Lord Willetts is President of the Resolution Foundation. He is a former Minister for Universities and Science.
Paul Goodman’s excellent piece on this site yesterday admitted that he was so old that as a student he remembered the Battle of Orgreave. I’m even older. I was working for Margaret Thatcher at the time, and remember meetings punctuated with messengers straight from one of Shakespeare’s history plays: “Nottingham is with us.” or “Kent is hostile”.
We wrestled with inflation and pay demands then. There are some lessons which are still relevant today.
First, there is still some truth in the economic proposition that pay increases on their own do not cause sustained inflation which can be brought down by a tight financial policy. Monetarism is often seen as some esoteric economic doctrine, but it was actually a political strategy as well.
If you believe pay demands cause inflation, then the Government has to tackle inflation by doing deals with workers on their pay. Back then, Labour’s links to the trade unions meant they were better placed to do such deals than Conservatives.
So Tories needed a credible way of controlling inflation that did not depend on their relationship with trade unions. The refusal of ministers to get involved even in public sector pay negotiations today is a version of the lesson that was learnt then.
There was a second Thatcherite insight which is relevant today. Inflation is not just a matter of economic theory. It is also deeply political. It is how a society reconciles inconsistent and over-ambitious claims on resources.
Thatcher saw it as the evidence of a moral failure – a failure to recognise we had to live within our means. If we all promised ourselves more than the economy could afford, then one way to reconcile these conflicting claims was to reduce their value by inflation.
Some people and organisations with incomes set in cash without inflation protection lose out. Responsible Government has to deliver the unpalatable but honest message that we are not as rich as we think we are. That is key to Britain’s problem today. We are poorer than we hoped because of a combination of the costs of Russia’s invasion of Ukraine, the higher cost of energy including the costs of the investment to move to Net Zero and the economic effects of Brexit.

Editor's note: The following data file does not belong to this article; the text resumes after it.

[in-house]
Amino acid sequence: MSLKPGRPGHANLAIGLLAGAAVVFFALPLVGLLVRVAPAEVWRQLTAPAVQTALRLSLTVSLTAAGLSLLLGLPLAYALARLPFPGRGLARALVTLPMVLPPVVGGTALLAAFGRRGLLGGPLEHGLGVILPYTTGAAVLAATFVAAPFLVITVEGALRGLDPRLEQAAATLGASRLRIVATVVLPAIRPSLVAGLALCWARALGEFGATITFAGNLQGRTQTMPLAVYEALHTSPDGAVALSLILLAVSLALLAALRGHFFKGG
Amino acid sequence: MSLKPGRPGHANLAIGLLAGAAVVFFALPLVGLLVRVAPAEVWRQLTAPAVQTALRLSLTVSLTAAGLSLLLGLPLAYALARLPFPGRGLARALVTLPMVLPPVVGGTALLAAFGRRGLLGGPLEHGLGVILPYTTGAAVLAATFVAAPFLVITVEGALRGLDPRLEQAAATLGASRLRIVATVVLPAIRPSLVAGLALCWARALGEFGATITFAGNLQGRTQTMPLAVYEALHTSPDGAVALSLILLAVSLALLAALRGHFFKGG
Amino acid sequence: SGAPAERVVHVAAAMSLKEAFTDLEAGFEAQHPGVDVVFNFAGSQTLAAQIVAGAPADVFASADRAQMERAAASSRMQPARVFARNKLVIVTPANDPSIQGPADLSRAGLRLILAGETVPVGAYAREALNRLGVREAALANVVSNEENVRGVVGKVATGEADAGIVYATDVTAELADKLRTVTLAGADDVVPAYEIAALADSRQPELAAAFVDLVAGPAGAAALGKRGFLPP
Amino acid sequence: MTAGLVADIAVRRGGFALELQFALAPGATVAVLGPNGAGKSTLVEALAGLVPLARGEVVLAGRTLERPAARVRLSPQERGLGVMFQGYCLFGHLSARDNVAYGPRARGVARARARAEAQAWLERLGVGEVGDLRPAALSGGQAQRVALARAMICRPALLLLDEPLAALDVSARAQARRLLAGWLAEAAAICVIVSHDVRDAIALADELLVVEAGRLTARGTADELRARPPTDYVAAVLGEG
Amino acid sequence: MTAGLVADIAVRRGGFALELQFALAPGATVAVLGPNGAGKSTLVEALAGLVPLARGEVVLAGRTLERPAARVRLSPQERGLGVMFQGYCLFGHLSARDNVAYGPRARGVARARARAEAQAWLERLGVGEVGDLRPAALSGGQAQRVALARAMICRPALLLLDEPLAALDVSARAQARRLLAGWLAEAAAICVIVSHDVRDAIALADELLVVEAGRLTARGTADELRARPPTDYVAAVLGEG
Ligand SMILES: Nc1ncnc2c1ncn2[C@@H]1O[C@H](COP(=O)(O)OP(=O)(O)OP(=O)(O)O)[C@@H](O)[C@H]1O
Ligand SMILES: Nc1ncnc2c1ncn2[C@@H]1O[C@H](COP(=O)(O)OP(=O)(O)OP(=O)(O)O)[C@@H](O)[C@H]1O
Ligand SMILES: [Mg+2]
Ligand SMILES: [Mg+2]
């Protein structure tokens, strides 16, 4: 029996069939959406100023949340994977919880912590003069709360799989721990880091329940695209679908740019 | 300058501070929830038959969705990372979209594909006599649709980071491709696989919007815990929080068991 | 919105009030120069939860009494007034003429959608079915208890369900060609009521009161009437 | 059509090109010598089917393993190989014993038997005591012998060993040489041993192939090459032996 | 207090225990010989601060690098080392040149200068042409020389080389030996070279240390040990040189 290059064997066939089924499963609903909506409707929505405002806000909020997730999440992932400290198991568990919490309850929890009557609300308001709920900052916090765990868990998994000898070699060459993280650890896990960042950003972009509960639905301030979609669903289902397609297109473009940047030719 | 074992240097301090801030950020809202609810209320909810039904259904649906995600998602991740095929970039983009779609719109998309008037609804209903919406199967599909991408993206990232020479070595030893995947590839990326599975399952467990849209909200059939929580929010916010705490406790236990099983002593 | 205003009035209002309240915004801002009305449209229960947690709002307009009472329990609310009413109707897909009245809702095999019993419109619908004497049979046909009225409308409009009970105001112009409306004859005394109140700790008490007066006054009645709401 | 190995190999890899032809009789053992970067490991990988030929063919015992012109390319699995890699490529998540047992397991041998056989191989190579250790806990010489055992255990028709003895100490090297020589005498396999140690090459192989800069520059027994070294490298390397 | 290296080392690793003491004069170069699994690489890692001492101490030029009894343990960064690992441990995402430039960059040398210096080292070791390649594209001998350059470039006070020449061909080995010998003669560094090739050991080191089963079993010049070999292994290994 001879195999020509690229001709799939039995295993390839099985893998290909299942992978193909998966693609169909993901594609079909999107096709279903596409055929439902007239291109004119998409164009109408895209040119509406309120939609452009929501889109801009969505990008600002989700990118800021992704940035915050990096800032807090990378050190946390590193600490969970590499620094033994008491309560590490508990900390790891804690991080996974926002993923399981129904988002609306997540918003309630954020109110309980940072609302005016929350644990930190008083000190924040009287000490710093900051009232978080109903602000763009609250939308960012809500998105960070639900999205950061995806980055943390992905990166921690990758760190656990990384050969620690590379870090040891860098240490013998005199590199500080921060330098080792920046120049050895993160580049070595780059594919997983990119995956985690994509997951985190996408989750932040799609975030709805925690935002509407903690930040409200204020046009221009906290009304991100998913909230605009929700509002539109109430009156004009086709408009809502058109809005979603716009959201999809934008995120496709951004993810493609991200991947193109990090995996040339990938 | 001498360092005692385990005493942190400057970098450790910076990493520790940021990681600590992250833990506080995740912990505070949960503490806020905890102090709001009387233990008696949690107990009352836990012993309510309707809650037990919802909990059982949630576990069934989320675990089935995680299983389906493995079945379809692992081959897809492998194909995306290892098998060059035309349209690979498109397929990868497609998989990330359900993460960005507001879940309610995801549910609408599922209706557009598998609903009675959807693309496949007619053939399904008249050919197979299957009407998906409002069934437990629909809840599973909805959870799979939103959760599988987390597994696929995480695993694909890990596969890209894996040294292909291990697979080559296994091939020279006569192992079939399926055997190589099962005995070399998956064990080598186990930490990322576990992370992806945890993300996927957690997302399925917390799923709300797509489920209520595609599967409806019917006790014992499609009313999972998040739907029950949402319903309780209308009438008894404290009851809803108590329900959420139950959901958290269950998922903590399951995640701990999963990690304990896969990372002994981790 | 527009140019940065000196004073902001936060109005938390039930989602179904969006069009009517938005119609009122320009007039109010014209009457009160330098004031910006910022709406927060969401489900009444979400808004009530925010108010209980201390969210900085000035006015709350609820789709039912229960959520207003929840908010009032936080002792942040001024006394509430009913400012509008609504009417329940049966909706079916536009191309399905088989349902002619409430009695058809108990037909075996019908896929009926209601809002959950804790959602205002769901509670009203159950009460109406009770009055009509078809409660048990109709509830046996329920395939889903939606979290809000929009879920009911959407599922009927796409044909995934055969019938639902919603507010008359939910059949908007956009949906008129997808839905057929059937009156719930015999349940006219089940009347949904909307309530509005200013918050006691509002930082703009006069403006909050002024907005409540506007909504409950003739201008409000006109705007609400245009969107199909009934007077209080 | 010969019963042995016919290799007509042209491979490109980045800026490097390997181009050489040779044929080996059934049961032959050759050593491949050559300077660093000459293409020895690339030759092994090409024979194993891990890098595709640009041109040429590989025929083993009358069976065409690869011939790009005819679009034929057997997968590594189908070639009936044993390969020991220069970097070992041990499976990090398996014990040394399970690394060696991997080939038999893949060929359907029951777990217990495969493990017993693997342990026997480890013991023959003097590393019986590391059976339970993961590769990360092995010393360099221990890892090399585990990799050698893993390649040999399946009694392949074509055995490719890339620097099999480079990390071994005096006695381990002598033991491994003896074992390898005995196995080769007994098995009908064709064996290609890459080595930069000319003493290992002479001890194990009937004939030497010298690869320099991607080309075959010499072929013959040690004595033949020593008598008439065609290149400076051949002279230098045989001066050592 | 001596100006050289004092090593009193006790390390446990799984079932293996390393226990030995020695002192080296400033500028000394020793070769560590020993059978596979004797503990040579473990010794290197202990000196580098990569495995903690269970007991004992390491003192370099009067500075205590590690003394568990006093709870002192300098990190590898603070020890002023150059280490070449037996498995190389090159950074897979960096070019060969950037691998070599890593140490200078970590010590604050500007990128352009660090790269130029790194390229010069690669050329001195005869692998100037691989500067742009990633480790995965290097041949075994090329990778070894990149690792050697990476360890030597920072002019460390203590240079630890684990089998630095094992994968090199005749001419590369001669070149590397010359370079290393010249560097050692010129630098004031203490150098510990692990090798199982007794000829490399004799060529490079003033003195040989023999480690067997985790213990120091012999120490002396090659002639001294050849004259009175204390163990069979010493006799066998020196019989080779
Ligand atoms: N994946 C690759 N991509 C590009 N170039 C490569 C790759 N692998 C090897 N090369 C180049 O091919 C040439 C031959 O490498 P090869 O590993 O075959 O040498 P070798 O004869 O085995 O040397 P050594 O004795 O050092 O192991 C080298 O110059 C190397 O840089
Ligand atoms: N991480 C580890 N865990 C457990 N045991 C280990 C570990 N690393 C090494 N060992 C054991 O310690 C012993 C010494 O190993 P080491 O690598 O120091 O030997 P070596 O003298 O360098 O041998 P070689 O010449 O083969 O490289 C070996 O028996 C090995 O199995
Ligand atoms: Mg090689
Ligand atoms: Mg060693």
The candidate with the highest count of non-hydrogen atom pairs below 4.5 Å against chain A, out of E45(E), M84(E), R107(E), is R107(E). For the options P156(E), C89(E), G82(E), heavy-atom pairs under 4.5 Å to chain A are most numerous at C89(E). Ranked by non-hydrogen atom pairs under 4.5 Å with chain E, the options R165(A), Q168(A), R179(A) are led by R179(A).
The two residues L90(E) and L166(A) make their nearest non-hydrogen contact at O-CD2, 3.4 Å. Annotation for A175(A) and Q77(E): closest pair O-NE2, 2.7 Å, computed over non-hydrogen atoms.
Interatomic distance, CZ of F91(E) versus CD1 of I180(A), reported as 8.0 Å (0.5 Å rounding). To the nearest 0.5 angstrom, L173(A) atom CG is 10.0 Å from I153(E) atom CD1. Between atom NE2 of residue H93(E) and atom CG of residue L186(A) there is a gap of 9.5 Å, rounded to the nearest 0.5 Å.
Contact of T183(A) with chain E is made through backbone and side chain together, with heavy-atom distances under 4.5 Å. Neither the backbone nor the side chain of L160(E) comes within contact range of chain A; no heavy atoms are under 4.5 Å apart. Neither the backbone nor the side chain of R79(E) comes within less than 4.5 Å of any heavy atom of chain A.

So if you were to add up the incomes we all think we are going to get next year, that figure is ahead of the economic reality, and inflation is the only way to make the figures add up. Thatcher’s stern Methodist explanation of these truths barely appears in modern politics.
Apart from these enduring insights the parallels with the 1970s and 1980s are very different from today. Trade unions have much lower membership now. Indeed compared with the 1970s employers and capital are stronger and workers are weaker. That is one reason a lower proportion of GDP goes on wages. Trade union power is almost entirely in the public sector – there are few private sector strikes.
The public sector is much slower-moving and less responsive to economic shifts than the private sector. So when Covid hit us, public sector employees were more likely to keep their jobs and pay – also, partly, because more of their jobs deliver essential services. Public sector workers have more protection of jobs and pay in a recession.
But when inflation is rising fast then lagging, public sector pay puts them at a disadvantage. Public sector pay loses out when inflation is high. So at the moment total private sector compensation including bonuses is rising by eight per cent. Basic pay in the private sector is rising by five per cent. In the public sector that is closer to three per cent. So the sector of the economy with higher rates of unionisation also has lower increases in pay. Strikes are the result.
Ironically, inflation may reduce real pay in the public sector whilst also in the short term boosting public revenues. More people are pulled into higher rates of tax. Public budgets set in cash terms lose some of their value.
Overall, pay is rising less than inflation. This is not some inflationary spiral. It looks as if the adjustment to our being poorer is partly happening through pay rates. The disappointment of expectations which inflation brings is particularly felt amongst workers. They are unhappy, but they are not getting an explanation of what is going on around them which is honest about the economic pain and recognises who is bearing it.
The Government has indeed belatedly tried to protect people, especially those on the lowest incomes from rising energy prices. But it still needs to pull all this together in an account needs to show the scale of the adjustment we are going through and that whilst the sacrifices will be widespread there will also be some protection for the groups worst affected.